Look at both sides of dairy debate

F. Scott Fitzgerald said, “a measure of intelligence is our ability to hold two opposed ideas in our minds at the same time.”

Consider the Maha’ulepu/Ulu Pono Dairy project conflict. It is obvious that there are good intentions on both sides.

Those unfamiliar with the deep cultural respect we have for the ‘aina, which is so much more than raw land, see simply resources that can be used for profit. They have no idea of the rarity of the natural resources they are seeking to use.

An island has limited resources, and we share and accommodate for the benefit of community and future generations. This is enlightened self-interest.

Kauai is one of the gems of the planet. It is one of the most remote and tiny, inhabitable ecological treasures on earth. There will never be another like it. Small changes deflect the course of the future; and once our water, our land, our reefs, and our fish populations are gone, they will not be replaced.

On the surface, locally produced milk benefits our community. More ag jobs are a definite plus. Using 2.86-million gallons of water daily from Waita would seem to compete with Pioneer and other ag usages, and our Water Department may struggle to keep up with residential use. Currently the fees for water use and meters are increasing. Drought years are a concern.

A dairy in a barren, near desert environment, where water leaches out in six hours, seems water wasteful. To spray raw sewage on fields upwind of a major visitor destination the Grand Hyatt Regency, as well as prime recreational lands in Po’ipu; seems hazardous in such a windy environment.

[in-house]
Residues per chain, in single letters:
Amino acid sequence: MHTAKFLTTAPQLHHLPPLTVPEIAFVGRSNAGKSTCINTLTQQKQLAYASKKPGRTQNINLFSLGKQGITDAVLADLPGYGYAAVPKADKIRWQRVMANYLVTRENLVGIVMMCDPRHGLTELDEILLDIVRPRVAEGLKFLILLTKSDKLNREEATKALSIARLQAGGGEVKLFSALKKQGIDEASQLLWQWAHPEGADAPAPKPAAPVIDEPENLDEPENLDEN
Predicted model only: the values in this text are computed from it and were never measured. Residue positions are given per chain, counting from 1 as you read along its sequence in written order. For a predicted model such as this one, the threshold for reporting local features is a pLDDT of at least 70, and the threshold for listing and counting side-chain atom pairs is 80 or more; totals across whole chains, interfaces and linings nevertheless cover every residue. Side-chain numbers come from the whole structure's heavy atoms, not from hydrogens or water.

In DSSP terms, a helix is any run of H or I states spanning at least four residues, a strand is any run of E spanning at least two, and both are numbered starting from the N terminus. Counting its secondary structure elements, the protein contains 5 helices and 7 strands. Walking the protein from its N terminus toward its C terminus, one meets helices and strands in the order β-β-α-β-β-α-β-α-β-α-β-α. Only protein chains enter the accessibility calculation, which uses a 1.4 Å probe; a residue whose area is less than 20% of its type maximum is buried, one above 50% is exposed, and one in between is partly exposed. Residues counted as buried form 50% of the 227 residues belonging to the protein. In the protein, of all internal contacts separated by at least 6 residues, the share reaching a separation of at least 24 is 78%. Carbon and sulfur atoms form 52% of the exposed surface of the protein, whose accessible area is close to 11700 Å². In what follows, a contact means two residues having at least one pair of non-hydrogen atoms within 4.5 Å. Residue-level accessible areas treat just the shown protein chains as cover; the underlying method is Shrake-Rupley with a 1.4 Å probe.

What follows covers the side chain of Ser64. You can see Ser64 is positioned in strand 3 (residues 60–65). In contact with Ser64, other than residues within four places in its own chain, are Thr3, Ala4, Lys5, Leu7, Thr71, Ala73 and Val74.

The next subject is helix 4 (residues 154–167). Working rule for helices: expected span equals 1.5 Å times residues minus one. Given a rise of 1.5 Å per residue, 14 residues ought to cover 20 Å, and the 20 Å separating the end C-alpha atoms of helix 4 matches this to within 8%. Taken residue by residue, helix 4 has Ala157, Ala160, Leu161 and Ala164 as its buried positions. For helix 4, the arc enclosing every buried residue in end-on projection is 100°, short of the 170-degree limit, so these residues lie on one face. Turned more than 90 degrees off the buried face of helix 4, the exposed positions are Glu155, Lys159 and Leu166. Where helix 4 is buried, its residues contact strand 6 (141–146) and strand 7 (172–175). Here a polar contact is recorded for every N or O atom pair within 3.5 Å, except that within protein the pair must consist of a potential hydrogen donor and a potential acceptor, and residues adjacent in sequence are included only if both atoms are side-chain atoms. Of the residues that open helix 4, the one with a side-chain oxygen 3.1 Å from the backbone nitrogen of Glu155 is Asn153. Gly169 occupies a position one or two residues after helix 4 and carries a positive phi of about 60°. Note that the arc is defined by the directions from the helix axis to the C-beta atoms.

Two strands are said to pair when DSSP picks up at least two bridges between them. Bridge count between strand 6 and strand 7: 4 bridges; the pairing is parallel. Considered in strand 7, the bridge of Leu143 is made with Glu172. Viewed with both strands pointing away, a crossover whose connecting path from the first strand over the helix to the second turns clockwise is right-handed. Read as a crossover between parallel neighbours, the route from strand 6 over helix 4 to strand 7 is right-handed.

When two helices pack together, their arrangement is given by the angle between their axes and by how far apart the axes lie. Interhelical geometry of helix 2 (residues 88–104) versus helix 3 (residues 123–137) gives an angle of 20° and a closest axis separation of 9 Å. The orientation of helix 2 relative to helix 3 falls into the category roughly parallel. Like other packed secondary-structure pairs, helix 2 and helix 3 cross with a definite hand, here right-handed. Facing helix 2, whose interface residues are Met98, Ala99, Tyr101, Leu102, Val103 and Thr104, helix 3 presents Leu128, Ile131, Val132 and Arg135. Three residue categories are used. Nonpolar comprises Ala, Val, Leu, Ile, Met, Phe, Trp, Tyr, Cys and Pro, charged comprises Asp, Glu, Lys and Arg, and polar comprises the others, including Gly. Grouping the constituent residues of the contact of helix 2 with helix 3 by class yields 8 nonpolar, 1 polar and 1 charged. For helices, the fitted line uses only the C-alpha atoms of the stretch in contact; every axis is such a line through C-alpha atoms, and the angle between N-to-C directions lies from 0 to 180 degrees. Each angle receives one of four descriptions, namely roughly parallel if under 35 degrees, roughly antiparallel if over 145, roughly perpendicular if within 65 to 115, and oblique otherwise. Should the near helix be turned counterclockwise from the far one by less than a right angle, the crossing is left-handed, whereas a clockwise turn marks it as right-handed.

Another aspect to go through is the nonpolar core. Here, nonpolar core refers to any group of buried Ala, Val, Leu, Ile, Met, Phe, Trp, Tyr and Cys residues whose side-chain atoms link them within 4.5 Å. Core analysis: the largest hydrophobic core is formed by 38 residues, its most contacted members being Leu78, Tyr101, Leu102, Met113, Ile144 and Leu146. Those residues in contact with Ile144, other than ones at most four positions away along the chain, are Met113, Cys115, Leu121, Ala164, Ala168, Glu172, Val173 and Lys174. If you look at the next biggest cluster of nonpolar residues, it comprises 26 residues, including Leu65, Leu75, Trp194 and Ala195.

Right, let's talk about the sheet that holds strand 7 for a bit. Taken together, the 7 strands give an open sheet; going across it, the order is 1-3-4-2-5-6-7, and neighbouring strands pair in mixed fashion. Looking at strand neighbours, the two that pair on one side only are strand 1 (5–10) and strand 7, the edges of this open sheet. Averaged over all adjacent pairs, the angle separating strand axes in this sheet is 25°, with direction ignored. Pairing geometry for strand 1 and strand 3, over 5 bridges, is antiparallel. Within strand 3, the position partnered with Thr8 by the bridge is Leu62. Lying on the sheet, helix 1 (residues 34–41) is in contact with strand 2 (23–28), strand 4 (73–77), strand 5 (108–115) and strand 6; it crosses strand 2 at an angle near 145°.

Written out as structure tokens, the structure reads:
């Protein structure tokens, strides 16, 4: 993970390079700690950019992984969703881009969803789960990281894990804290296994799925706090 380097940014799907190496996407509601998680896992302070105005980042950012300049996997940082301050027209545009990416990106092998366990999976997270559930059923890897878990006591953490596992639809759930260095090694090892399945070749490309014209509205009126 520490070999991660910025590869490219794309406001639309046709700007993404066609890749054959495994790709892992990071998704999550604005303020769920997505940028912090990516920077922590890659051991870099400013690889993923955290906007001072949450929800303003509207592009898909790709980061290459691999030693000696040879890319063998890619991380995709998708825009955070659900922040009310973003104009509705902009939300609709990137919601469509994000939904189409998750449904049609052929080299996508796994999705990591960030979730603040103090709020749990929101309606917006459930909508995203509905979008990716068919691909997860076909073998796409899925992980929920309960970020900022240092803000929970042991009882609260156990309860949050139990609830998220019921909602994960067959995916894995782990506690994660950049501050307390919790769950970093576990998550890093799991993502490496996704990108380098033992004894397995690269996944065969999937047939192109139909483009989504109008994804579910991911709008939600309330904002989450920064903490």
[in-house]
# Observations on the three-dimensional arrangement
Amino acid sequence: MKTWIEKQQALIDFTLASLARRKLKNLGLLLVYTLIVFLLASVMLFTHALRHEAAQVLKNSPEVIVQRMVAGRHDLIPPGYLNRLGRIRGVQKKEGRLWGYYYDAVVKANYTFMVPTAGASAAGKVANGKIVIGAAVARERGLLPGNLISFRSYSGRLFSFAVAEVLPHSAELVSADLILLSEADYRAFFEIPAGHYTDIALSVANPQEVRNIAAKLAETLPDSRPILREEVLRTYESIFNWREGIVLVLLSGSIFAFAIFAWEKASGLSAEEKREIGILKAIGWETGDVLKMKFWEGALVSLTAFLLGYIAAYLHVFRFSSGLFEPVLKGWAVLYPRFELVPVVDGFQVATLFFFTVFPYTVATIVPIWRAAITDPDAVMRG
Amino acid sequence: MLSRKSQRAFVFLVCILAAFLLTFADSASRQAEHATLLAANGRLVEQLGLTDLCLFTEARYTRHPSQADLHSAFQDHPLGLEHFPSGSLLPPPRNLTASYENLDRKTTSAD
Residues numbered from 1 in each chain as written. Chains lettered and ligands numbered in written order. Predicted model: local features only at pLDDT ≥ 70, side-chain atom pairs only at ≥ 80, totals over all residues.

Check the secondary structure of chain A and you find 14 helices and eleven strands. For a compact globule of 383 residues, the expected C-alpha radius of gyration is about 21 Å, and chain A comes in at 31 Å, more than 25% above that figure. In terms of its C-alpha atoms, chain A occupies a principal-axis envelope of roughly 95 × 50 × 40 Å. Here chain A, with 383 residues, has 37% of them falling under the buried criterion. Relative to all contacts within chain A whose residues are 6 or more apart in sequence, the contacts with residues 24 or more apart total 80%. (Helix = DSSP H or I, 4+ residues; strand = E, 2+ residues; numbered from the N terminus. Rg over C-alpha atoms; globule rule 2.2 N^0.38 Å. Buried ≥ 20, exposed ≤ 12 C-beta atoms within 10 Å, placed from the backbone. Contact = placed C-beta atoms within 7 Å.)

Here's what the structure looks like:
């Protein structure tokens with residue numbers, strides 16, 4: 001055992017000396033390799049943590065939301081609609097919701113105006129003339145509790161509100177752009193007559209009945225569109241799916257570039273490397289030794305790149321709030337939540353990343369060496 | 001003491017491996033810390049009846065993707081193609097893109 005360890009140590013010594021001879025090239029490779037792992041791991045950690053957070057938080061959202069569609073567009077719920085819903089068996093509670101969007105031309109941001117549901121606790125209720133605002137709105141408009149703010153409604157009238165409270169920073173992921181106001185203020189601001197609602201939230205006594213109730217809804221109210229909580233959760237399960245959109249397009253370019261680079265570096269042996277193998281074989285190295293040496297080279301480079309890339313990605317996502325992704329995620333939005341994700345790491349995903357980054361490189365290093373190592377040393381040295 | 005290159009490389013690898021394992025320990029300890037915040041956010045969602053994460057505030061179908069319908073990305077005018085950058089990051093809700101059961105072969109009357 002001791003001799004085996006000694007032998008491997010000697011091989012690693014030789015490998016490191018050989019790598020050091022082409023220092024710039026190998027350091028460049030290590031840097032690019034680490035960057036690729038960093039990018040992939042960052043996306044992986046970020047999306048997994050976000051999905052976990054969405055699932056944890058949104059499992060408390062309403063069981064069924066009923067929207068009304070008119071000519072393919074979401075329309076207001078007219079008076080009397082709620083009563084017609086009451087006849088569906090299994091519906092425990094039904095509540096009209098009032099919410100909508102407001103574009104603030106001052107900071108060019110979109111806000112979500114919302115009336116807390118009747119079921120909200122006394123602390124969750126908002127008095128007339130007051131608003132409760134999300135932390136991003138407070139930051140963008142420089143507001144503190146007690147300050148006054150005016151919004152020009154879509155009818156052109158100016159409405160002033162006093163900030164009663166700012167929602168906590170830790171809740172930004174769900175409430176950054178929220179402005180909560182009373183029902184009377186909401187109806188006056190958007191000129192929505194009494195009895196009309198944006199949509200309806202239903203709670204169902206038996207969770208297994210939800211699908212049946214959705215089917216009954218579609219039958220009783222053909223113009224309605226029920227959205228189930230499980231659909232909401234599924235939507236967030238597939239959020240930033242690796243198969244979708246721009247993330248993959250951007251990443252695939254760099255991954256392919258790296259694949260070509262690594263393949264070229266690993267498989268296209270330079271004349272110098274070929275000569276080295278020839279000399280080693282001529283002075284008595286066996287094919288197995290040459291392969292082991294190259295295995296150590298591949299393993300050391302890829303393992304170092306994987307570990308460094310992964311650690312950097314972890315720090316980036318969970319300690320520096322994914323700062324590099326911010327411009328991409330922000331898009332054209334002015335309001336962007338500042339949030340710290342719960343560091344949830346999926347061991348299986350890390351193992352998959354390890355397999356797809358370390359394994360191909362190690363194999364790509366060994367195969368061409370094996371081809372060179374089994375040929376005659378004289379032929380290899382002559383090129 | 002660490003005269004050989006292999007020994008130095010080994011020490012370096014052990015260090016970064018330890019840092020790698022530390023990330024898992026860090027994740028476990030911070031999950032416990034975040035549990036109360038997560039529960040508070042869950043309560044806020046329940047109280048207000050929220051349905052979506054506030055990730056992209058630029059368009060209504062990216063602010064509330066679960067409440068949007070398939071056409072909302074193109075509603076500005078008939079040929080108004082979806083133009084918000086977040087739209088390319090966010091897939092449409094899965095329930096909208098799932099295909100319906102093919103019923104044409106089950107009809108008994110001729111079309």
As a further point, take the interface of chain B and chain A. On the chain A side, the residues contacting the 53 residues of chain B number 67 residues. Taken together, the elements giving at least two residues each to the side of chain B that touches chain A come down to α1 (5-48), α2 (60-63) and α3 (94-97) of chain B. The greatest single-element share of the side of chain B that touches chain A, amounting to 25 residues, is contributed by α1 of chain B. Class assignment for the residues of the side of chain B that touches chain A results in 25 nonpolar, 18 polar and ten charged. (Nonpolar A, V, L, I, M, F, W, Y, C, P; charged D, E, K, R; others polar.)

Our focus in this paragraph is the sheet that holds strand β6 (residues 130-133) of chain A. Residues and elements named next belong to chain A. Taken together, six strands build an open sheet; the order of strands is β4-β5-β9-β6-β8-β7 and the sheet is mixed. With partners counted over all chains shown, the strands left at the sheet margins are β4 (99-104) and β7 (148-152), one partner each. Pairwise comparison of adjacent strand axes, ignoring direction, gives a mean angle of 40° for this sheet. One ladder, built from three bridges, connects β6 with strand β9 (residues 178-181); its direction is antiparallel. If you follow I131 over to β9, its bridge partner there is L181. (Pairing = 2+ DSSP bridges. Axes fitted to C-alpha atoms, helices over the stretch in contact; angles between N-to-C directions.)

To add huge amounts of nitrogen to the watershed, already under threat, will increase coral bleaching, reduce fish populations and threaten the whales, snorkeling, and tour boat operations.

Not all nitrogen will be absorbed into the kikuyu grass when porous lava rock lies beneath the soil.

The UN environmental report states that increasing nitrogen is a major pollutant, threatening the ozone layer, the oceans, and increasing the speed of global warming. In the last two years, the planet’s temperature increased by 0.5 degrees. That is very fast, and bad for island communities. Shoreline communities will be impacted.

How do we protect Maha’ulepu? It is a unique, pristine geological, archaeological, and natural history conservation area. It is one of the world’s wonders. Senator Daniel Inouye was in the process of trying to protect it as a national park. Should we go against his plan?

How do we encourage a positive economic venture, (for Ulu Pono is primarily an investment company), to innovate in ways that do not damage our community? We need to offer some alternative measures to preserve the life of the land.

One solution would be to plant large swathes of albizia, nitrogen fixing trees, where they could trap nitrogen runoff, and at the same time improve the microclimate for reduced water evaporation.

The rapidly growing trees, 12-20 feet per year, would also capture the sewage spray of raw effluent from the cattle that is windborne. It would create a circular, green buffer walls to protect visitor destinations, human populations, and reduce impacts on the watershed.

Excess albizia could be harvested for the biomass power plant in Puhi. More power from renewable resources, recycling nitrogen, protecting our communities and the very special area of Maha’ulepu.

Thinking outside the box will eventually lead to positive solutions. It isn’t you or me … it is us, working together; Aloha making us great.


Virginia Beck has lived on Kauai since 1971. One of KCC’s first RN graduates, she was a nurse practitioner here, and in the Stanford community, a Certified Trager Practitioner, and a childbirth educator. A rich educational experience in European countries, Pakistan, and the mainland were good preparation for our multicultural chop suey Kauai life.

A wellness coach and writer, at Healthy by Design Hawaii, she helps her clients erase stress and design “Lives they Love.” She can be reached at (808) 635-5618


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